AUSTIN, Texas — As the ball sailed through the air, Ramon Richards had one thought and one thought only.
“My ball,” he recalled later.
The Oklahoma State senior safety’s game-ending interception put a fitting end to a low-scoring, arduous battle with Texas. The pick of Longhorns quarterback Sam Ehlinger in overtime secured a 13-10 win for the No. 10 Cowboys and keeps their Big 12 and College Football Playoff dreams alive for at least another week.
On the surface, it was a simple pitch-and-catch. Ehlinger threw an errant pass into no-man’s-land and the ever-aware Richards made a break for open space to snag it. In reality, it was the final result of an impressive performance by an oft-overlooked defense, which customarily plays the undercard to the Oklahoma State’s main event — it’s high-powered, nationally ranked offense.
The tables turned on Saturday, though, as the nation’s top offense sputtered and the Cowboys needed its defense to bail them out. They responded in kind.
“I’m so happy and proud,” Oklahoma State defensive coordinator Glenn Spencer said. “There’s tears. I’m hugging their neck, because I know what they’re up against every week, playing in this style of offense and against all the NFL skill guys. It’s tough. It’s tough to coach in this type of environment. It’s tough to play in that type of environment. They’re not getting the love. They’re not getting the adulation. ESPN’s not coming by to interview them. So, for a night, great job.”
The Longhorns, playing in their third overtime game of the season, faced a third-and-4 at the Oklahoma State 6-yard line, needing only a field goal to tie. A touchdown would have given Texas the upset victory. Ehlinger took the shotgun snap and rolled left, looking for junior receiver Jerrod Heard. The Longhorns ran a “rub” route with Heard and Lorenzo Joe crossing on the far left side of the field in an effort to get Heard open, but the throw was never made.
“We were supposed to throw it out in the flat on five steps, get it out as a little sprint pass, throw it to the flat, a little slant flat versus man coverage,” Texas coach Tom Herman said afterward. “And for whatever reason, he didn’t throw it early to the flat so he’s scrambling around. And obviously, in that situation with only needing a field goal, we need to throw the ball away.”
Richards said the defensive call was for man-to-man coverage and he anticipated the play.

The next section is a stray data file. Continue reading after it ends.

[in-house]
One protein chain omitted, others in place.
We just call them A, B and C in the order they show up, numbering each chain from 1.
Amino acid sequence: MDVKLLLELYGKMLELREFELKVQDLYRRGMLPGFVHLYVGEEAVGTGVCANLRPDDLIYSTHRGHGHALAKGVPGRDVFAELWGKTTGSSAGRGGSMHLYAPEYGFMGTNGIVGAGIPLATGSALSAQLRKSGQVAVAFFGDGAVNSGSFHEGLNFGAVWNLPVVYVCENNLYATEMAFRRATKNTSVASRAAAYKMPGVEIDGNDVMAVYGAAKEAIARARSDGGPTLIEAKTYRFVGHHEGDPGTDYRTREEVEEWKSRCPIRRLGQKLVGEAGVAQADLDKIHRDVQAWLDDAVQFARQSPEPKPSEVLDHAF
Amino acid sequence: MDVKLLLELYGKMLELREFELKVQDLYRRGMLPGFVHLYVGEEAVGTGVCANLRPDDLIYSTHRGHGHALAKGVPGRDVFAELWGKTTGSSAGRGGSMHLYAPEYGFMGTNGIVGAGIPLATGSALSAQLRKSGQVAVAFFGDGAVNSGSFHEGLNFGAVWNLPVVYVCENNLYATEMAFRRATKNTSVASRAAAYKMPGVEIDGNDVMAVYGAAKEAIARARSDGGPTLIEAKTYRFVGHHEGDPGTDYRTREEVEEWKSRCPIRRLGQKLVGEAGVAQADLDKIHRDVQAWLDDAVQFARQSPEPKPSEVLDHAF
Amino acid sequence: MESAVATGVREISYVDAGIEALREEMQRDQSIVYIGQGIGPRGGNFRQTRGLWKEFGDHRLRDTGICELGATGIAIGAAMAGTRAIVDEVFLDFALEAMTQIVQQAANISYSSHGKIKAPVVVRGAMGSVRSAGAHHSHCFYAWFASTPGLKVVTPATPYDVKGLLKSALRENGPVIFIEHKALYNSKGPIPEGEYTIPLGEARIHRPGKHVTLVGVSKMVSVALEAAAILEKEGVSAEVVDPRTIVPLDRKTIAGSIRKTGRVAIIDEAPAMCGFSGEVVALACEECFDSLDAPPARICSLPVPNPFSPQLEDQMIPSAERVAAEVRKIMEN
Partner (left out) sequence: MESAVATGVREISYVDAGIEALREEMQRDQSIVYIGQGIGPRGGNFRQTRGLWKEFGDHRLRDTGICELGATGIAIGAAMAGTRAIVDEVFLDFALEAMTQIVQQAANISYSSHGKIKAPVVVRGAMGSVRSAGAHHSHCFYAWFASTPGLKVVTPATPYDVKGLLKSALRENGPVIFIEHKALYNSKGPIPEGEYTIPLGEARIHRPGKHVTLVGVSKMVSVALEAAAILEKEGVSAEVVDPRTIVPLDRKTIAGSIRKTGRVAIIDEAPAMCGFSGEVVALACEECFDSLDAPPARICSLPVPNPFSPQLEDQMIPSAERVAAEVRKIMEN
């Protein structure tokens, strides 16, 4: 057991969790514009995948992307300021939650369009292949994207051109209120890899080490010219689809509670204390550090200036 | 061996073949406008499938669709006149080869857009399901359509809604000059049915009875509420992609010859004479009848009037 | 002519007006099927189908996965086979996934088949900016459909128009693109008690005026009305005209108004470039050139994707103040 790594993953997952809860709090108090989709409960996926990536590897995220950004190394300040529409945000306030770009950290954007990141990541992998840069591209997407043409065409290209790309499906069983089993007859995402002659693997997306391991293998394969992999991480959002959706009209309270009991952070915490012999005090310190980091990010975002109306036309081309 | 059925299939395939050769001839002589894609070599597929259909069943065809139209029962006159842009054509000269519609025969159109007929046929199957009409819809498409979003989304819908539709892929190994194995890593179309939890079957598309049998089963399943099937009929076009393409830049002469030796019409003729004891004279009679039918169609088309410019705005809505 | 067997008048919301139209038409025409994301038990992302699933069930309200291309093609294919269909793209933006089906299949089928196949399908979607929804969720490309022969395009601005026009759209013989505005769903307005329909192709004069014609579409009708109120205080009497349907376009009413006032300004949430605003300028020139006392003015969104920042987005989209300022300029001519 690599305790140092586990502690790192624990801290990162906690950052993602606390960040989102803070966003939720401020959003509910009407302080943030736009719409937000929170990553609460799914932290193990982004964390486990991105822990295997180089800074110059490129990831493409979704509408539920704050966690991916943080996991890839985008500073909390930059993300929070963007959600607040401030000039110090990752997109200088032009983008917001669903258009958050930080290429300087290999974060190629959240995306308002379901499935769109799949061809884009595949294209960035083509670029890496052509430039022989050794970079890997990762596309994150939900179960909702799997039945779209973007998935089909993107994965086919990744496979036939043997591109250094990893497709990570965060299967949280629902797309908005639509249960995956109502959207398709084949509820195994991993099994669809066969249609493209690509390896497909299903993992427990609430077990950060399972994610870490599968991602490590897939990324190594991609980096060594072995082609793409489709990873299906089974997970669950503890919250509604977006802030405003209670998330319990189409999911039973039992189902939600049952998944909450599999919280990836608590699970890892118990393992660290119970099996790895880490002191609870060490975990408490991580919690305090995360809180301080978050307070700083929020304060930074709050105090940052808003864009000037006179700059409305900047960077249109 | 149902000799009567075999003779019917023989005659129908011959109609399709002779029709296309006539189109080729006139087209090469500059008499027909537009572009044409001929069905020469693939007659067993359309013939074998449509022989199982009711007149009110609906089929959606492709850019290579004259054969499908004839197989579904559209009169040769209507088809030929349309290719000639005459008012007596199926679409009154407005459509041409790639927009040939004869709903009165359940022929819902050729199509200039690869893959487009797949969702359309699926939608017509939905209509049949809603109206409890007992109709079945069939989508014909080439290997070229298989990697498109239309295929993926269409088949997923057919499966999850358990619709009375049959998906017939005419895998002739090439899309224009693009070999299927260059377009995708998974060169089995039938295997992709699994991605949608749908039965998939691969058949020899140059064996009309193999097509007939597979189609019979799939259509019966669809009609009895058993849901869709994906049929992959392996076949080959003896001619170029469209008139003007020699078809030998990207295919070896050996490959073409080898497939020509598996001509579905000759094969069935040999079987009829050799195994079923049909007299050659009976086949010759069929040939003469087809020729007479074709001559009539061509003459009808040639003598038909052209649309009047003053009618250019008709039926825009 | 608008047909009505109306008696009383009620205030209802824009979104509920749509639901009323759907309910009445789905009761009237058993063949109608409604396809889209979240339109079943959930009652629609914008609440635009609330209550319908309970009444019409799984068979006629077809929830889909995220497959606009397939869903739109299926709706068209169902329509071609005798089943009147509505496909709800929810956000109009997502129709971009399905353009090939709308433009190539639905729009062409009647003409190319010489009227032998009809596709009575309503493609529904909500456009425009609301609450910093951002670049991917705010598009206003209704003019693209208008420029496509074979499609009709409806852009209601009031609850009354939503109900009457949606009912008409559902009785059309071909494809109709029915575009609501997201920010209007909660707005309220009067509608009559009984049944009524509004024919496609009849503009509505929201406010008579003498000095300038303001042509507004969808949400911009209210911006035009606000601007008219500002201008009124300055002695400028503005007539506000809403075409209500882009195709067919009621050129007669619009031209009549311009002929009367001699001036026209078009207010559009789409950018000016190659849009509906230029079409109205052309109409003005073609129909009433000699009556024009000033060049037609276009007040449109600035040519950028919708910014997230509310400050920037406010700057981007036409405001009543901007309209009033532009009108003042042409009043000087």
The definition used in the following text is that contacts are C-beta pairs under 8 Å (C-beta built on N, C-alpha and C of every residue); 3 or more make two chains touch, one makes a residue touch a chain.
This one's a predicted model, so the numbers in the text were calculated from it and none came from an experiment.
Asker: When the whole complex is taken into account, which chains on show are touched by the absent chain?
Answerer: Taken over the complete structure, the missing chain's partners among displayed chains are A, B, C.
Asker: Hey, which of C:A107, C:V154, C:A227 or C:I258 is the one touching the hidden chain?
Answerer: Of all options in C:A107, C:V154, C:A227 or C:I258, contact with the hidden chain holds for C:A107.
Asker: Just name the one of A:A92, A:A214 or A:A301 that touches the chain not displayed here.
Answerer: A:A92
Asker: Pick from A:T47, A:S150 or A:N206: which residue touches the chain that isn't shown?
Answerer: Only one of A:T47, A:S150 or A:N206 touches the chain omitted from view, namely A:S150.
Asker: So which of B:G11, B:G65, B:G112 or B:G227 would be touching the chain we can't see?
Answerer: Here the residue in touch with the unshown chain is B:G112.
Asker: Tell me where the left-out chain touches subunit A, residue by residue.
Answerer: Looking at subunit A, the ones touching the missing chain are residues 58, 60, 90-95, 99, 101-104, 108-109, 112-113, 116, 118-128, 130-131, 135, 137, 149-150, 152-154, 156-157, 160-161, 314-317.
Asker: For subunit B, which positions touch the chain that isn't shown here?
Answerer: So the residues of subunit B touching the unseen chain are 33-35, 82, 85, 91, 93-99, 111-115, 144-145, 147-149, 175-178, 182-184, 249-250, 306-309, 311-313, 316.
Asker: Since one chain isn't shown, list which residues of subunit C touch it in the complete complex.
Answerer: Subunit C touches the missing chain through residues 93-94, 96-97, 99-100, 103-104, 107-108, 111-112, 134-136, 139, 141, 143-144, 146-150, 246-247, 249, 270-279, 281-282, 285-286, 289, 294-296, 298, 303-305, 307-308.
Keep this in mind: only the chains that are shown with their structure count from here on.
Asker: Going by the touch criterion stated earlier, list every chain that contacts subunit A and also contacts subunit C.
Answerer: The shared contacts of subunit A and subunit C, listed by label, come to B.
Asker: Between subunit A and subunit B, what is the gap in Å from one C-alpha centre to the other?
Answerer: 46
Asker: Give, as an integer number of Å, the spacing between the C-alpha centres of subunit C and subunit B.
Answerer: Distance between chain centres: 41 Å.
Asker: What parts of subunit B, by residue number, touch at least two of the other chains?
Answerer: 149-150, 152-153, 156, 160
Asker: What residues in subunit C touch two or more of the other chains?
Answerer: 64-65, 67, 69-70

“Pick route,” Richards said. “Saw it on the film all week, I was ready for it.”
Richards sat patiently behind Heard as Ehlinger scanned the field and bought a few extra seconds. Then he threw it into open space on the far left side of the end zone, Richards read it and made a break for it.
“I knew when Ramon went up and I saw his hands, I knew he would make the catch because he’s a former quarterback and it was kind of a soft pass,” Oklahoma State coach Mike Gundy said. “I knew right then, and I was trying to figure out why that happened. I didn’t know I had been living so good.”
Said running back Justice Hill, who was witnessing it all from the sideline: “It seemed like that ball was in the air forever.”
After securing the ball, Richards sprinted across the field toward the Oklahoma State section of the crowd to celebrate. His teammates elatedly joined him and eventually tackled him in the opposite end zone.
What could be categorized as a gift at the end is something the Cowboys will happily take, feeling that they earned it with their effort for more than 60 minutes.
“Everyone’s going to talk about the last play,” Spencer said. “It was a freshman mistake by him. I’m going to talk about all the plays that led up to that last play, that we had a chance to win on the last play.”
“Honestly, before that play, that front seven made it happen,” he said. “That D-line and linebackers made it happen. They gave everything up to that point. I know it looks like I made the play to win the game, but that front seven was balling all game. So shout out to them.”
Ehlinger told reporters afterward that he made a mistake on the throw.
“I thought Jerrod [Heard] was going to circle back up to the back of the end zone for a jump ball. That’s why I put it up there for him for a chance to win,” he said.
“That’s not anything I should’ve done,” Ehlinger said. “That was a mistake.”
The Cowboys’ offense was held to 428 total yards, nearly 200 yards under their average. Gundy was happy to see his defense win them a game.
“Forever around here, it’s been the offense that saved us,” Gundy said. “For six, eight years. Defense, can’t stop anybody, offense saved ’em, offense saved ’em, we gotta score more. The text messages I get all the time from all my buddies that I grew up with that don’t know anything is, ‘You’ve got to score more than them, better keep scoring.’ Really? I mean, I know that! So the defense played their ass off, period, and won the damn game.
“For a guy who has a history on offense and likes to see things happen, it was pretty much a drag. Our defense won the damn game and they played big time.”